In 2016, Medicaid spending in Utah averaged $703 per capita – less than any other state.
Utah’s average cost per Medicaid enrollee is also among the lowest in the nation, at $5,326. And Medicaid accounted for 18.7% of Utah’s overall state budget, the eighth lowest in the nation. Utah also has a favorable match rate for federal funds in the Medicaid program, at 70% of the cost. That’s higher than most states.
Those are among the key findings of Coverage and Costs: What’s Driving Medicaid Spending in Utah, a new research report from Utah Foundation.
However, the report also discusses how changes in the population could drive up Medicaid costs. For instance, the average enrollment of older Utahns and individuals with disabilities has risen in recent years, and those groups are the most expensive.
Findings of the report include:
In 2016, per capita Medicaid spending in Utah was the lowest in the nation at $703. At the other end of the spectrum, Medicaid spending in New York was $3,169 per capita.
In 2014, Utah spent $5,326 per enrollee (in combined state and federal funds), one of the lowest expenditure levels in the nation. North Dakota spent $10,721, the highest in the nation.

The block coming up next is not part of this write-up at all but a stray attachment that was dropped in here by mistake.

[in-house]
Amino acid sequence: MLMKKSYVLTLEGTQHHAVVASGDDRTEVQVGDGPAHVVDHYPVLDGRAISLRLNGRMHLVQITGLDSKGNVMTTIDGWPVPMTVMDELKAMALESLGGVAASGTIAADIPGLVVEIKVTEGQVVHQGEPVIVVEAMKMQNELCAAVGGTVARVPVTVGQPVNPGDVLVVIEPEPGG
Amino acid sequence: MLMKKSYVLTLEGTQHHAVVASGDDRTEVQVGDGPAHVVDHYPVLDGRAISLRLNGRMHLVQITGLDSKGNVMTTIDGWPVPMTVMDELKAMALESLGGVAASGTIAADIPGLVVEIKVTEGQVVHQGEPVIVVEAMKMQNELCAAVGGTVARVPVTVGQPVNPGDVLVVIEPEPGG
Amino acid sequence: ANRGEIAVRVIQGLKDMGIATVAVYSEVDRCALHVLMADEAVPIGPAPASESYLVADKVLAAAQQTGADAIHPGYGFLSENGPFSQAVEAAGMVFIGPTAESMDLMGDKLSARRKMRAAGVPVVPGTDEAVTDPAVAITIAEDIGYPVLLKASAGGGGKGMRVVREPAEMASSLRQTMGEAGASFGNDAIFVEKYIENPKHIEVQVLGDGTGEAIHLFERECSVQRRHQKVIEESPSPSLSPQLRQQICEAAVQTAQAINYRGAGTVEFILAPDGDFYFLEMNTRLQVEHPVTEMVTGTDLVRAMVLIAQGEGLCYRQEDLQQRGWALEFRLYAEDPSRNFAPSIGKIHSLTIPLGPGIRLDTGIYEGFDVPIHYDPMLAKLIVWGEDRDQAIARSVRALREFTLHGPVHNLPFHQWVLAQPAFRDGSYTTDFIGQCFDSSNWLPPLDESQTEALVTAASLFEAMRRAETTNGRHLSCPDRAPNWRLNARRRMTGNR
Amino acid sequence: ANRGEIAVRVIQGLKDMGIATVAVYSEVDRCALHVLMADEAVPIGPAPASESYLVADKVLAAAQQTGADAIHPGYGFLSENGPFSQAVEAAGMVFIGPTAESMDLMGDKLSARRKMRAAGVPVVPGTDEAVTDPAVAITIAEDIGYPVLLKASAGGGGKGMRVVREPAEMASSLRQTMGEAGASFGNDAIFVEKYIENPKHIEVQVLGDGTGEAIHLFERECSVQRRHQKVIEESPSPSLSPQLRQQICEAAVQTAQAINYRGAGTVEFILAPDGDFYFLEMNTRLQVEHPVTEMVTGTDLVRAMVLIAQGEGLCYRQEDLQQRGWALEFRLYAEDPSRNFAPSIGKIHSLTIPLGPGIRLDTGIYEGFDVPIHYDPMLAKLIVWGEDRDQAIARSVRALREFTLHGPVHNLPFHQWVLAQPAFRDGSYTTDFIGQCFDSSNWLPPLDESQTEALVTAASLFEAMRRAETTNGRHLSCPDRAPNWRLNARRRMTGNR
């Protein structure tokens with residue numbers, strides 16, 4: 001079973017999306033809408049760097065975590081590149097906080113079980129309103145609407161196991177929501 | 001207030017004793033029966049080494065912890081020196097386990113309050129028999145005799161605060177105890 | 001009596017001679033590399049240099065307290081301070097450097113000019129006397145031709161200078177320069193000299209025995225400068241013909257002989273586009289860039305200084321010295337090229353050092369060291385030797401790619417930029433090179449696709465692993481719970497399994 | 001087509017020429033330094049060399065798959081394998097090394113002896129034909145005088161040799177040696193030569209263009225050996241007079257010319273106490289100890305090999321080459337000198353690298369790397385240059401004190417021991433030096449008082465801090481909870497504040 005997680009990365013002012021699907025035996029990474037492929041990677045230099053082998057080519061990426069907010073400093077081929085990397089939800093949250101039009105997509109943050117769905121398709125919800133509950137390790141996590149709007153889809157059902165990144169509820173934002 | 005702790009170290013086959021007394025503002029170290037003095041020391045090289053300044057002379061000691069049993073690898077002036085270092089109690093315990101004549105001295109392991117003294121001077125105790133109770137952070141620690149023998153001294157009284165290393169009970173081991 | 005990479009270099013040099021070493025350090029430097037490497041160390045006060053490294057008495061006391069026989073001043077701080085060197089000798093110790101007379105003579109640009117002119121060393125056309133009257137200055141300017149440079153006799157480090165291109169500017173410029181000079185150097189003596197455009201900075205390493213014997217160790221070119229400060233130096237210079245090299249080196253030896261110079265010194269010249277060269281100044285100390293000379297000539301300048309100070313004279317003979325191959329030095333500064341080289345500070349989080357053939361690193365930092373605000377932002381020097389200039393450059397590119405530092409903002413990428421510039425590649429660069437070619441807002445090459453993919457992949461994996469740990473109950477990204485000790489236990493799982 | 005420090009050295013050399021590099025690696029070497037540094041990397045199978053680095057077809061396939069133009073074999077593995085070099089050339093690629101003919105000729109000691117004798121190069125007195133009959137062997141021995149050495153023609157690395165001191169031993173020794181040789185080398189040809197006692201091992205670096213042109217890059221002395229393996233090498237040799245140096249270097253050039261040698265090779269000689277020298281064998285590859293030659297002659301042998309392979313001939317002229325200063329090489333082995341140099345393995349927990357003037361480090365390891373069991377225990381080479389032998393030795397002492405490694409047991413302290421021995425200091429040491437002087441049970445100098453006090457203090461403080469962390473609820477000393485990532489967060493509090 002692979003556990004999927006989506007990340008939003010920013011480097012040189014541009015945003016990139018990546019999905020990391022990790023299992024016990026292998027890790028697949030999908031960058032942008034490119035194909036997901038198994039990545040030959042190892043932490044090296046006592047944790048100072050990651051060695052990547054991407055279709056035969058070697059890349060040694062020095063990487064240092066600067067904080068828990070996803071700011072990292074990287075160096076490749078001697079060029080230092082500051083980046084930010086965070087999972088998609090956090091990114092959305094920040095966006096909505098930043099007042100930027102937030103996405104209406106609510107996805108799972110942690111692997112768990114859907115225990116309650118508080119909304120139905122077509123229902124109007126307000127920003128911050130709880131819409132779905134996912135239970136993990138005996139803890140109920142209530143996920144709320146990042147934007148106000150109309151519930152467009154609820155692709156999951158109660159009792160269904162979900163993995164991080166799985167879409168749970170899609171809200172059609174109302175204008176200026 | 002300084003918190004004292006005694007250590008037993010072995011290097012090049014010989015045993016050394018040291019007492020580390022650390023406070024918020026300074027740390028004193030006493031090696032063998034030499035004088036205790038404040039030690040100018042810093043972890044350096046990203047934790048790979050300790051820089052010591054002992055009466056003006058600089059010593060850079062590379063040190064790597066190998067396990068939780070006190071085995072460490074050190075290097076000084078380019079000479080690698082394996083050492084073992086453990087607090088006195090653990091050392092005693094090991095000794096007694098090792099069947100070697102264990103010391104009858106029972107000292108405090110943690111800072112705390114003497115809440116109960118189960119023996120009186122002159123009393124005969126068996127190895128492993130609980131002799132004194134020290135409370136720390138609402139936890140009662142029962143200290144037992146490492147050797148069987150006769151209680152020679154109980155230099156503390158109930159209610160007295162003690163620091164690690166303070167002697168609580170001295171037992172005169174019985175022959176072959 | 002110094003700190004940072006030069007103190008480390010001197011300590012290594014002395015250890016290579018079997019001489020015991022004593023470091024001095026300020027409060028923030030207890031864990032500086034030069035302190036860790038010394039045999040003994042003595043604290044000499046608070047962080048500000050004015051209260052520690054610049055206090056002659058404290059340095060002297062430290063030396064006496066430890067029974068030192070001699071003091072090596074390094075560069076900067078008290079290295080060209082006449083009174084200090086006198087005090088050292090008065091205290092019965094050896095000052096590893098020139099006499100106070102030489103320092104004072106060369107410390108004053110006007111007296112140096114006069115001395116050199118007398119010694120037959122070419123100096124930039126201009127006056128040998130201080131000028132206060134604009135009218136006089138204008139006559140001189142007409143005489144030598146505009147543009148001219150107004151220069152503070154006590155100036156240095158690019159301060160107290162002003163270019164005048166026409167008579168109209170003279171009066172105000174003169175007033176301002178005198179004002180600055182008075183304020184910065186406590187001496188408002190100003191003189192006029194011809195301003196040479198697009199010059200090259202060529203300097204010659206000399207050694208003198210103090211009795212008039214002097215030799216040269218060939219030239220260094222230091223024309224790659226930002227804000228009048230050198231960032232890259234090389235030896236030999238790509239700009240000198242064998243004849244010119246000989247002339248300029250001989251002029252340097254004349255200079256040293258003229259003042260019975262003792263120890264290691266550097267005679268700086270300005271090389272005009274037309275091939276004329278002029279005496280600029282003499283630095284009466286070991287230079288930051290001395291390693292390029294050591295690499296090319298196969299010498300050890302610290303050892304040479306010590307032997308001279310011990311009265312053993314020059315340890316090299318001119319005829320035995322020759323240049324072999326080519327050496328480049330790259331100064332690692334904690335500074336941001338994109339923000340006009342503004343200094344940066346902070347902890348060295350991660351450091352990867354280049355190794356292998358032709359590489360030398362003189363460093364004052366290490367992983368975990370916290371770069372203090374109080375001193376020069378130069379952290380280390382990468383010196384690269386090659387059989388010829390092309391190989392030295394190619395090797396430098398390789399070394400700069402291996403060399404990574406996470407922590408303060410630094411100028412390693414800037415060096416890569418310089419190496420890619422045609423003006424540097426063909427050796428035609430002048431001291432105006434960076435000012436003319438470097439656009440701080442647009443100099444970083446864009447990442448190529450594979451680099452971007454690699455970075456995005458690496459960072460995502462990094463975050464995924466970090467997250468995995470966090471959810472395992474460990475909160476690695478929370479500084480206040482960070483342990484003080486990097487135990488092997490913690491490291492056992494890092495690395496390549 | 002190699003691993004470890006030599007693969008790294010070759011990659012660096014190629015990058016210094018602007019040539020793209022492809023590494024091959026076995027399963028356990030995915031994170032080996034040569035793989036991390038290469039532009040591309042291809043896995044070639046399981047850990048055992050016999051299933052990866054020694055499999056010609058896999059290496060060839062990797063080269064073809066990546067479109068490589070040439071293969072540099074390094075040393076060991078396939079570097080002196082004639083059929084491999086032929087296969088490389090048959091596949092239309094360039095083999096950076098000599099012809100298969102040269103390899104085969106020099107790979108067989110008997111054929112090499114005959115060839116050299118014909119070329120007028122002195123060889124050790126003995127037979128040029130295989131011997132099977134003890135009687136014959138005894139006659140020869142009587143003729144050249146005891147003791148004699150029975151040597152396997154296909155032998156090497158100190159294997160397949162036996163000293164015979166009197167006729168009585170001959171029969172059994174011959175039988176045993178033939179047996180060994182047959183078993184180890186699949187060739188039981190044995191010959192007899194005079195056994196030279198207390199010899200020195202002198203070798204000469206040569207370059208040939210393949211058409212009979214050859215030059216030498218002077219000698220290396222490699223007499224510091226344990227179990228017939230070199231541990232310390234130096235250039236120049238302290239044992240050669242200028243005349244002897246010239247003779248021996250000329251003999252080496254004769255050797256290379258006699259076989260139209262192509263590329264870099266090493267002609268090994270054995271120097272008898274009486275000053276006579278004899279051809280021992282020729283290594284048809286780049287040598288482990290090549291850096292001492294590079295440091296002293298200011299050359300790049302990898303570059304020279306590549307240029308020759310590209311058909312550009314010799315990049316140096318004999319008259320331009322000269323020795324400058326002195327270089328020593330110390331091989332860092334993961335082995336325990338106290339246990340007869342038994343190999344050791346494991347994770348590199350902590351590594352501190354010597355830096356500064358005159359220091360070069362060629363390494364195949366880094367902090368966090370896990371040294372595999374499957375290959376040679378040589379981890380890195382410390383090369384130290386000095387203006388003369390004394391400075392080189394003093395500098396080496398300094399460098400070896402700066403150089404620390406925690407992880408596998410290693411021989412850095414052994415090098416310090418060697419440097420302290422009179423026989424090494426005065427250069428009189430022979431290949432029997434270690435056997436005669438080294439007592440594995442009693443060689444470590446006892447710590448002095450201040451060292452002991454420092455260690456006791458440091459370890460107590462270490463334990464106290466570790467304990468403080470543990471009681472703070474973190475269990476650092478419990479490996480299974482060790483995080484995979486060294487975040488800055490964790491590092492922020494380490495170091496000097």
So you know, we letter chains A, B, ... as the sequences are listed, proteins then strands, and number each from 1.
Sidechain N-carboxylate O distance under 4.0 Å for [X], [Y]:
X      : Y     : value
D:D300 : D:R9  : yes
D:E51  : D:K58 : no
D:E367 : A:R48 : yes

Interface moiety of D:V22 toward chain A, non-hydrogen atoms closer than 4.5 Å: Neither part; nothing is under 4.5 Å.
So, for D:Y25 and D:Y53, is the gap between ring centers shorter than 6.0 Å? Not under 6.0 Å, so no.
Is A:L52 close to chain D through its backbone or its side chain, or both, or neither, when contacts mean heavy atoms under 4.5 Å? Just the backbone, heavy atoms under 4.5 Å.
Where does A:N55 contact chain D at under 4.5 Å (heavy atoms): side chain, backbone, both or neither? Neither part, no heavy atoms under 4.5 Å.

National Medicaid spending is expected to grow at an average annual rate of 5.8% through 2026 – slower than Medicare, but faster than private insurance and far faster than the rate of inflation.
The federal government pays for 70% of qualifying Medicaid programs in Utah, the ninth highest reimbursement rate in the nation. Reimbursement levels are determined in large part by each state’s per capita income, and Utah’s is among the lowest in the nation because of the state’s high proportion of children.
While Utah’s Medicaid spending increased in 2017, there was a slight decrease in enrollment. This is due in part to an increase in the average enrollment of older Utahns and individuals with disabilities, who are more expensive to care for.
Although children make up 63% of Utah’s Medicaid enrollment, they account for less than one-third of total spending.
In Utah, individuals with disabilities make up less than 15% of enrollment, but account for nearly half of all spending.
In 2016, Medicaid accounted for 18.7% of Utah’s overall state budget, the eighth lowest in the nation.
The primary factors driving Medicaid spending growth include increases in health care and prescription drug costs, increases in overall enrollment, increases in enrollees who are older or have disabilities, and downturns in the economy.
Utah voters will face an initiative on the general election ballot this fall that would authorize a full expansion of Medicaid under the Affordable Care Act. The report discusses this and other proposals. Utah Foundation has not taken a position on the initiative.
“There is an ongoing tension between concerns about the growing cost of Medicaid and a desire to expand coverage to a broader population in Utah,” said Utah Foundation President Peter Reichard. “As current and future Medicaid proposals unfold, coverage and its costs will demand close attention from the public and policymakers.”